“It is our choices, Harry, that show what we truly are, far more than our abilities.” – Harry Potter and the Chamber of Secrets
I will confess something to you that I don’t confess to many people. Since the age of 9, I’d walk home on a fall day with the leaves in reds, yellows and oranges scattered on the ground when a melody plays. A melody that I can only hear and one that fills me up with such a powerful emotion, so immediately, that it overwhelms me with a feelings of utter happiness. Why did this melody make me so happy? I was happy because it signified that a snowy white owl will swoop down at any moment and give me the thing I’ve always longed for. A letter inviting me to Hogwarts. I’m now 21 and in my last year of University. I have yet to receive this letter to the School of Witchcraft and Wizardry but I still hear that melody whenever I’m walking down a street on a quiet fall day hoping (praying!) that there’s an off chance this post-secondary student will get an invite regardless. That melody I spoke of is none other than the Harry Potter main theme (officially called Hedwig’s Theme) used throughout the films and what has introduced me to Harry Potter, Hermione Granger and Ron Weasley.
I was first introduced to Harry Potter in November of 2001 where myself and the rest of the 4th Graders of Yorkwoods Public School went on a school trip to see Harry Potter and the Sorcerer’s Stone in theaters. We were reading the first book in class (and by reading, I mean doing anything BUT read) in preparation for the films release. Throughout the movie, my little 9 year old heart pumped excitedly at the magic that was taking place on screen and I was determined to be my reality’s chosen one at any cost.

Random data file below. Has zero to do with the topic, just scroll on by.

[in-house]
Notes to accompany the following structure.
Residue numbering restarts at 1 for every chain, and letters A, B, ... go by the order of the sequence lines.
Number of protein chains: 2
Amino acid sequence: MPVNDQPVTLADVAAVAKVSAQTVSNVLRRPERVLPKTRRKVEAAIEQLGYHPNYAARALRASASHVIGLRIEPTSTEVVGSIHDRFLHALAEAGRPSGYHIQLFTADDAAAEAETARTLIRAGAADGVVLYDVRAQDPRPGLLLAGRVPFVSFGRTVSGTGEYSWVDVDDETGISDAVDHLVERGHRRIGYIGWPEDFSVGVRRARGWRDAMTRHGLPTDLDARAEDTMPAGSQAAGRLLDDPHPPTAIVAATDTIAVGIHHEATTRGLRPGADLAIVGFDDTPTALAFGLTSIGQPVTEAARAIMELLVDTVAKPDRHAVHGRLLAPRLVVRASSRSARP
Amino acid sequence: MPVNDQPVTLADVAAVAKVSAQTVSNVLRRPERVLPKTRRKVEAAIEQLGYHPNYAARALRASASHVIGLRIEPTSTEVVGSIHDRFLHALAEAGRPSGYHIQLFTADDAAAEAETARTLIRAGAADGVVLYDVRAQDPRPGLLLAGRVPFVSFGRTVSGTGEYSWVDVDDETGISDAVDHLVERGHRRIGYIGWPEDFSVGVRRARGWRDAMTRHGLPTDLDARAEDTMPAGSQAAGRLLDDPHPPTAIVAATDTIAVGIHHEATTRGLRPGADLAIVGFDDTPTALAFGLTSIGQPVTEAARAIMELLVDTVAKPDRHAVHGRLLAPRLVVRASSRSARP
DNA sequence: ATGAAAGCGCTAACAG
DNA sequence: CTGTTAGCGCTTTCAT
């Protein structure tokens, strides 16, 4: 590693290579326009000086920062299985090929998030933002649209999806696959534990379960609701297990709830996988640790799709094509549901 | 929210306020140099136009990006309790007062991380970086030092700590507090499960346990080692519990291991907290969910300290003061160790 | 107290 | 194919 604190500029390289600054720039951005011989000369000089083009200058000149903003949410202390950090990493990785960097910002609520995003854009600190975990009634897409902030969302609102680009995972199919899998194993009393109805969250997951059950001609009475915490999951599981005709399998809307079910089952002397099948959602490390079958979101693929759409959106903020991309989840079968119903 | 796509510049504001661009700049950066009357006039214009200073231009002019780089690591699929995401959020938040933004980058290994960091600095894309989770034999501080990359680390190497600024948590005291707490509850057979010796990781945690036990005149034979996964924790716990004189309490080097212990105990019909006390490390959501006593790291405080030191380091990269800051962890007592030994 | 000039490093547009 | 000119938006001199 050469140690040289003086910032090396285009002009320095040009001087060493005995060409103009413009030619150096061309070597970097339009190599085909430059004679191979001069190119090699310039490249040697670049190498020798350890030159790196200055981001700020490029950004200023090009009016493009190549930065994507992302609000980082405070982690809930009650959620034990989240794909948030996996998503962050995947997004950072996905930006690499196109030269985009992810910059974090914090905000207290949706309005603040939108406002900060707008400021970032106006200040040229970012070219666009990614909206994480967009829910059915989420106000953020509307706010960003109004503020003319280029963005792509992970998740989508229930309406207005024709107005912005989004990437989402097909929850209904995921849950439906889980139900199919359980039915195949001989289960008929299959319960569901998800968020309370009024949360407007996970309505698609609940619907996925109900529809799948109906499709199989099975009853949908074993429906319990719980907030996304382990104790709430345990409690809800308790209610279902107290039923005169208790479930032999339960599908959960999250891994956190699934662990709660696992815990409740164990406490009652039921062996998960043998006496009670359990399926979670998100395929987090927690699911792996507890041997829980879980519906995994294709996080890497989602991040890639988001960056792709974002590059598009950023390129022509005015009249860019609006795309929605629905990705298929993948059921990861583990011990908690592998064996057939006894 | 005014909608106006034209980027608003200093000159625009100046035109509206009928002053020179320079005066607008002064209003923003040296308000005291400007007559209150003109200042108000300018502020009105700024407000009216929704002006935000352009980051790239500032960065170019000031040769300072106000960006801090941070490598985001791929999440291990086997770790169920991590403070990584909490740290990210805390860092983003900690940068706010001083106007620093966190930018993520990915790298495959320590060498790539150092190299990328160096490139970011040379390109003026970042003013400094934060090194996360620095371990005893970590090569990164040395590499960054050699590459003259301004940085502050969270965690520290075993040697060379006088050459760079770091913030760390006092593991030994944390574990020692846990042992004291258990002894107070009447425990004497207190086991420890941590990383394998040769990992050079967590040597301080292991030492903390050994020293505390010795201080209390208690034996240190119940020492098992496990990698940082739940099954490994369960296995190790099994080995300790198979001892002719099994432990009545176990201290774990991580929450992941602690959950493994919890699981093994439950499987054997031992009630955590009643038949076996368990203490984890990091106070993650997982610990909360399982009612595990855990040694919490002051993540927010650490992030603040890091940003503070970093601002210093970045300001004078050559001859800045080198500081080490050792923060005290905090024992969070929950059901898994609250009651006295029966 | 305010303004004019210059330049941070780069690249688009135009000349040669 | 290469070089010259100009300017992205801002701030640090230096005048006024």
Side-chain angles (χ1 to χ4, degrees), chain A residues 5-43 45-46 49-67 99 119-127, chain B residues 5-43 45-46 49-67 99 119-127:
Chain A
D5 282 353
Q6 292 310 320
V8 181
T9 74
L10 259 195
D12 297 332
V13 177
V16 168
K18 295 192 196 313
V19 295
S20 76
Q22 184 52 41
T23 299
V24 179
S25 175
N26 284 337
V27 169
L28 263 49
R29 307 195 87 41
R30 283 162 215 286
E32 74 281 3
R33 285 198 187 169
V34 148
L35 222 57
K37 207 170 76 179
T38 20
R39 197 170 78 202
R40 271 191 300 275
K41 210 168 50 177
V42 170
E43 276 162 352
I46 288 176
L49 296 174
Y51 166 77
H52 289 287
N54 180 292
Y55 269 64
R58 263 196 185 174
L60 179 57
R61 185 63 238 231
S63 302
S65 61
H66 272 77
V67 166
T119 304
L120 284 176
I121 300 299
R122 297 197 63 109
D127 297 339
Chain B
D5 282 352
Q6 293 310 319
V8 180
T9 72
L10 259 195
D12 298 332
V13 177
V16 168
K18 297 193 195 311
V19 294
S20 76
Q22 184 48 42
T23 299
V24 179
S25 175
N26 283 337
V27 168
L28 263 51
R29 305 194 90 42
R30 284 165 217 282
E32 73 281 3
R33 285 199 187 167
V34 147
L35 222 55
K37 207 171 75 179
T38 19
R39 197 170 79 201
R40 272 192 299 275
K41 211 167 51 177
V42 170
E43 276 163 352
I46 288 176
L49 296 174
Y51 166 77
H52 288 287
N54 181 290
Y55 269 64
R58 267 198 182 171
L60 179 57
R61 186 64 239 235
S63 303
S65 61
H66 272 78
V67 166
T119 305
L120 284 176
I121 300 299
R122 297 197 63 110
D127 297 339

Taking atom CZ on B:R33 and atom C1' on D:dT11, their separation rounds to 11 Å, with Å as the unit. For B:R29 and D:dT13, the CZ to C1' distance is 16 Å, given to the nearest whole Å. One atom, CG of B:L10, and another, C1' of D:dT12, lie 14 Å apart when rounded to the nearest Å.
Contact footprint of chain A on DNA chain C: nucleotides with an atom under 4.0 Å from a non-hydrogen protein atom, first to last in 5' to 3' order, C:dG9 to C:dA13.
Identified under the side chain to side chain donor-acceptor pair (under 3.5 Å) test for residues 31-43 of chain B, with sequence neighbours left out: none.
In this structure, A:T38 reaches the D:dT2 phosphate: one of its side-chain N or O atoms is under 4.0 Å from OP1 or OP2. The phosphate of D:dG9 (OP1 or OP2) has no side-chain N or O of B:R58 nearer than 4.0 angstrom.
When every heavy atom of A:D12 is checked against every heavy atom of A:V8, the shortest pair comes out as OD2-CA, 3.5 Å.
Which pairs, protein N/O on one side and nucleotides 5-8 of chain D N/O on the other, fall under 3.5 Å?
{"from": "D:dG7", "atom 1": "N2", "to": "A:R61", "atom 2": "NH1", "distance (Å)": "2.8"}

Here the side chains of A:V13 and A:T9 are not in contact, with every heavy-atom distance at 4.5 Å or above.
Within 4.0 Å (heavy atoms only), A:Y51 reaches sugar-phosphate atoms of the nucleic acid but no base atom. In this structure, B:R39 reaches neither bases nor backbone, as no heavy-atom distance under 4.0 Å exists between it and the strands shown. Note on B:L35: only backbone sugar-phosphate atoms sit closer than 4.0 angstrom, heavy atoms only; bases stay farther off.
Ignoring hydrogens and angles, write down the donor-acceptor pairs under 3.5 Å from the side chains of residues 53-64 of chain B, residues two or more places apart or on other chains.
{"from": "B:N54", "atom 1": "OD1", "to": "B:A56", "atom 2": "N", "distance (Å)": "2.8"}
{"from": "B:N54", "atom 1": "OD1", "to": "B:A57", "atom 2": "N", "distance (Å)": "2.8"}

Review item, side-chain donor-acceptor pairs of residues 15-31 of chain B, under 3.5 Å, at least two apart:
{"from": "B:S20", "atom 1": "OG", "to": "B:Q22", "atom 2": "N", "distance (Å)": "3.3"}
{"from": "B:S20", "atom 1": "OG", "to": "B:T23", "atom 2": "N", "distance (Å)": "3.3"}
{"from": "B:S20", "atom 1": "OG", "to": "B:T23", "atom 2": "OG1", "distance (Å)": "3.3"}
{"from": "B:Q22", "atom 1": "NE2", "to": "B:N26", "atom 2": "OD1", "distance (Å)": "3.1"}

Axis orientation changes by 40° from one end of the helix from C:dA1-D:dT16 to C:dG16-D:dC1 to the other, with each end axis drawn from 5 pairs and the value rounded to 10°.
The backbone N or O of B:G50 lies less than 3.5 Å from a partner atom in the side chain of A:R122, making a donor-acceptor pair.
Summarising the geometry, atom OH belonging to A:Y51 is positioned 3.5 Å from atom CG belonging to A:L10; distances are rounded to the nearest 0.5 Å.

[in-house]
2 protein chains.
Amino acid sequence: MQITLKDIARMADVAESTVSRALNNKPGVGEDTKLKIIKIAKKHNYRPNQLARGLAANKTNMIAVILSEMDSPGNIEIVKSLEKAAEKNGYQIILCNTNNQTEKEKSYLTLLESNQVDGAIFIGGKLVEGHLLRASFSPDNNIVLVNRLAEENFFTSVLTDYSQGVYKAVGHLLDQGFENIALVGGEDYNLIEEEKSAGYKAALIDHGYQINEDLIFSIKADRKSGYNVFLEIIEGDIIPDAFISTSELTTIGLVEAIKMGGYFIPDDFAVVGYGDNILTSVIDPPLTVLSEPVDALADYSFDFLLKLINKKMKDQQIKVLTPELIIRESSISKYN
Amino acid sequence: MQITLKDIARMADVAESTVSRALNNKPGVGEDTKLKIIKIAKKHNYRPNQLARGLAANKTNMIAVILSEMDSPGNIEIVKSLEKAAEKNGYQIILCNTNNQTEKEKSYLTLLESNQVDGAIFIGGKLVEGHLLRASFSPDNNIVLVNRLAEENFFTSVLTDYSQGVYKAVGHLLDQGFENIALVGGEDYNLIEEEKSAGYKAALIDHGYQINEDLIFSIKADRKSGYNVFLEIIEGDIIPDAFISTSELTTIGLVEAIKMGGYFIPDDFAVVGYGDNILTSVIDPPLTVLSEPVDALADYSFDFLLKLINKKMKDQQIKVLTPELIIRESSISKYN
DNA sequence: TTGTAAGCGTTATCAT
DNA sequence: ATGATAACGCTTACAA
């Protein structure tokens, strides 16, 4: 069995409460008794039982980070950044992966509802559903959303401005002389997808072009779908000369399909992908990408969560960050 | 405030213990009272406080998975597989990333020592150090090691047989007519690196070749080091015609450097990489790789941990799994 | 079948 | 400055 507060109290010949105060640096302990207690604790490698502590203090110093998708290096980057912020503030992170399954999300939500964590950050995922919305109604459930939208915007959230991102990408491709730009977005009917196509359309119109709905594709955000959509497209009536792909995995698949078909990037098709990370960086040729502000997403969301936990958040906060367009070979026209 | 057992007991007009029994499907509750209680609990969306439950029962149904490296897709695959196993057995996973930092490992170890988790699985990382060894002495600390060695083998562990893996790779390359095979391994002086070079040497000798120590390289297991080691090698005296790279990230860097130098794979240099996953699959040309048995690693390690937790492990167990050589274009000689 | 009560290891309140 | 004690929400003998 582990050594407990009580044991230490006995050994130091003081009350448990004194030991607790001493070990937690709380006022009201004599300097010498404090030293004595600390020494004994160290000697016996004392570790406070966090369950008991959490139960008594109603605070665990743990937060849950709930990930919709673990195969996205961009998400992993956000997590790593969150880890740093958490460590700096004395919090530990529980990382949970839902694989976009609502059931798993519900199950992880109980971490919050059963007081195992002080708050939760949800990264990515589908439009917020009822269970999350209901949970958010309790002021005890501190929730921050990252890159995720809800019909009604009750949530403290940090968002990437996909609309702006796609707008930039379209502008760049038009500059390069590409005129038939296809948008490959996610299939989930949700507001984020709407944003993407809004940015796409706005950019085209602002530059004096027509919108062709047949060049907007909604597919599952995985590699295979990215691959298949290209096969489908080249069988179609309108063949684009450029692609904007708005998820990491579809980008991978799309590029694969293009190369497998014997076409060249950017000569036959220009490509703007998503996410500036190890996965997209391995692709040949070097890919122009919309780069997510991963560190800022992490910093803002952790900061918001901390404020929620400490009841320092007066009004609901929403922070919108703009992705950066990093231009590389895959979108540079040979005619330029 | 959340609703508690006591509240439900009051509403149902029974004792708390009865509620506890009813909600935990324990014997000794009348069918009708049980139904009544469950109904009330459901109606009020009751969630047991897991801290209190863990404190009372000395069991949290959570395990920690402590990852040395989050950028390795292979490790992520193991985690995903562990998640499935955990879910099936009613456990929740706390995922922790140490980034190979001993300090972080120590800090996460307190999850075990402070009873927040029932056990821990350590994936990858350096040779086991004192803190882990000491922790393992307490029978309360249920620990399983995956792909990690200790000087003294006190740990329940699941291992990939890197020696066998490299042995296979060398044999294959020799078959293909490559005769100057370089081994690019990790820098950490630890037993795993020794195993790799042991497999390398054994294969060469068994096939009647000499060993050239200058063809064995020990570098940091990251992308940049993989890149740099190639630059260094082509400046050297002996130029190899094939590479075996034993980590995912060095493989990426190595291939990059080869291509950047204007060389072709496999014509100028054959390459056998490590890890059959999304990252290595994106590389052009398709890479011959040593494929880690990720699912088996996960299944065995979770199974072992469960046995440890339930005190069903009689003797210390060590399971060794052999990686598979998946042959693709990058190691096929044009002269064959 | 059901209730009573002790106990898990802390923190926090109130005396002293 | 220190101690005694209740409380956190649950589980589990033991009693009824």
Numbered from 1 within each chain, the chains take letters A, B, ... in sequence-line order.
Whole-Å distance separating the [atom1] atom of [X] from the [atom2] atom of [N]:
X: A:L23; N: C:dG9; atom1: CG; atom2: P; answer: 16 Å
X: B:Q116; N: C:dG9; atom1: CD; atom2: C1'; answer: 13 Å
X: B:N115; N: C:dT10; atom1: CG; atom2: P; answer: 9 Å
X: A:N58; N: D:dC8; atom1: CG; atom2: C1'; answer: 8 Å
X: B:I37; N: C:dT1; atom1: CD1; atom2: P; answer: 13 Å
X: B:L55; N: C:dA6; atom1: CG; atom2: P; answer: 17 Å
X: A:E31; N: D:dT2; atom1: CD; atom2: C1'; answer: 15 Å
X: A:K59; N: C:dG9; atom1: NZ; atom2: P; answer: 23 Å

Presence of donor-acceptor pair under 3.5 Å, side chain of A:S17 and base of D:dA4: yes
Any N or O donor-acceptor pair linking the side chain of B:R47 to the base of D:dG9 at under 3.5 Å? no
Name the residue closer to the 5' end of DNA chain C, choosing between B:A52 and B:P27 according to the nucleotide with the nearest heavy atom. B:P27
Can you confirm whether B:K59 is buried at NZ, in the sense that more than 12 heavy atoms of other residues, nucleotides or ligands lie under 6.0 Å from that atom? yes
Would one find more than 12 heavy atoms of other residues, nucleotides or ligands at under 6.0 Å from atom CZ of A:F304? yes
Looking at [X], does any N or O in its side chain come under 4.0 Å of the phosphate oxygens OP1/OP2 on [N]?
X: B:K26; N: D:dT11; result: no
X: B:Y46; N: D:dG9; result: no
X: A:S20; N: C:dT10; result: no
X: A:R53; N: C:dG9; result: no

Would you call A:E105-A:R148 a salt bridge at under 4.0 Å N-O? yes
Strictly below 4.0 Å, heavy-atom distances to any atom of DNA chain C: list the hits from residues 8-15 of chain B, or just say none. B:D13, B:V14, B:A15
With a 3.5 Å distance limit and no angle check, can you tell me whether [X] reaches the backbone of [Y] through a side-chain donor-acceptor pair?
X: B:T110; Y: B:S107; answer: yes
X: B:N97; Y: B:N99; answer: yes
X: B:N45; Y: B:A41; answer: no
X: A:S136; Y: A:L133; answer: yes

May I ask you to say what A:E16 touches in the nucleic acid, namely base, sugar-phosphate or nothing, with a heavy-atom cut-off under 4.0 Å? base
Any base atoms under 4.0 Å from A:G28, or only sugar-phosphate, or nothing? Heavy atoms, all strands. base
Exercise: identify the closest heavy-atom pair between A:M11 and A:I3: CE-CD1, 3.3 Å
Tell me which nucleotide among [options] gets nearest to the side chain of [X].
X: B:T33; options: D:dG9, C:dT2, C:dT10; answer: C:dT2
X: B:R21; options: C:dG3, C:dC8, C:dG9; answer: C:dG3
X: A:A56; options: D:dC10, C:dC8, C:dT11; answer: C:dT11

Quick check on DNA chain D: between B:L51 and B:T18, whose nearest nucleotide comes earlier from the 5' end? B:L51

That was the start of my Potter adventure. I never did go back to reading the first one but I did go on to read the 2nd, 3rd and 4th books one right after the other. The 5th book was the first time I eagerly awaited a book’s release as well as the first time I pre-ordered a book online using my dad’s credit card. The 6th book was the first time I felt shock and huge loss for any literary character (and remains the same today). The 7th and final book was the most heart wrenching because it was the book that made me say goodbye to a series I loved so much.
To say the series saved my life would be a bit melodramatic given that I was in a position to be saved. The series did grant me access to my head and allowed me to create worlds and stories without any limits. I guess you could say that I owe Harry Potter and J.K. Rowling for my constant daydreaming as well as my love for the act of reading itself.
As I grew older and my memories of what happened within the pages began to fade, I started to admire J. K. Rowling as a writer and followed her to her adult books (The Casual Vacancy and The Cuckoo’s Calling). I haven’t reread the series since the first go around but this coming January, I will join a group of Harry Potter fans to re read (or read it for the first time) the entire series until July. July feels like a natural stop not just because it’s the seventh month and we’re reading a seven book series but also because The Boy Who Lived was born on 31st of that month just like his creator: J. K. Rowling. It’s an added bonus that July happens to be my birthday as well.
I learned a lot from Harry Potter like the importance of friendship, death and the power of love. It’s no surprise that this series is so beloved and hopefully this re read will honor what it did for my childhood and what I hope it could bring to my adulthood. I’d love to read the first book for the first time now that years have past since that nightmare of a class reading. I wonder if I’ll change my mind that the coupling of Ginny and Harry won’t be as left field as I thought it was the first time. I wonder if the Prisoner of Azkaban will remain my favourite book in the series and if I’ll cry all over again at the end of the Half Blood Prince.
Most importantly, I want to know how much I’ve changed as a reader and how much has remained the same.
(Photo by alicecorley)
“I’m going to keep going until I succeed — or die. Don’t think I don’t know how this might end. I’ve known it for years.” – Harry Potter and the Deathly Hollows
A. A. Omer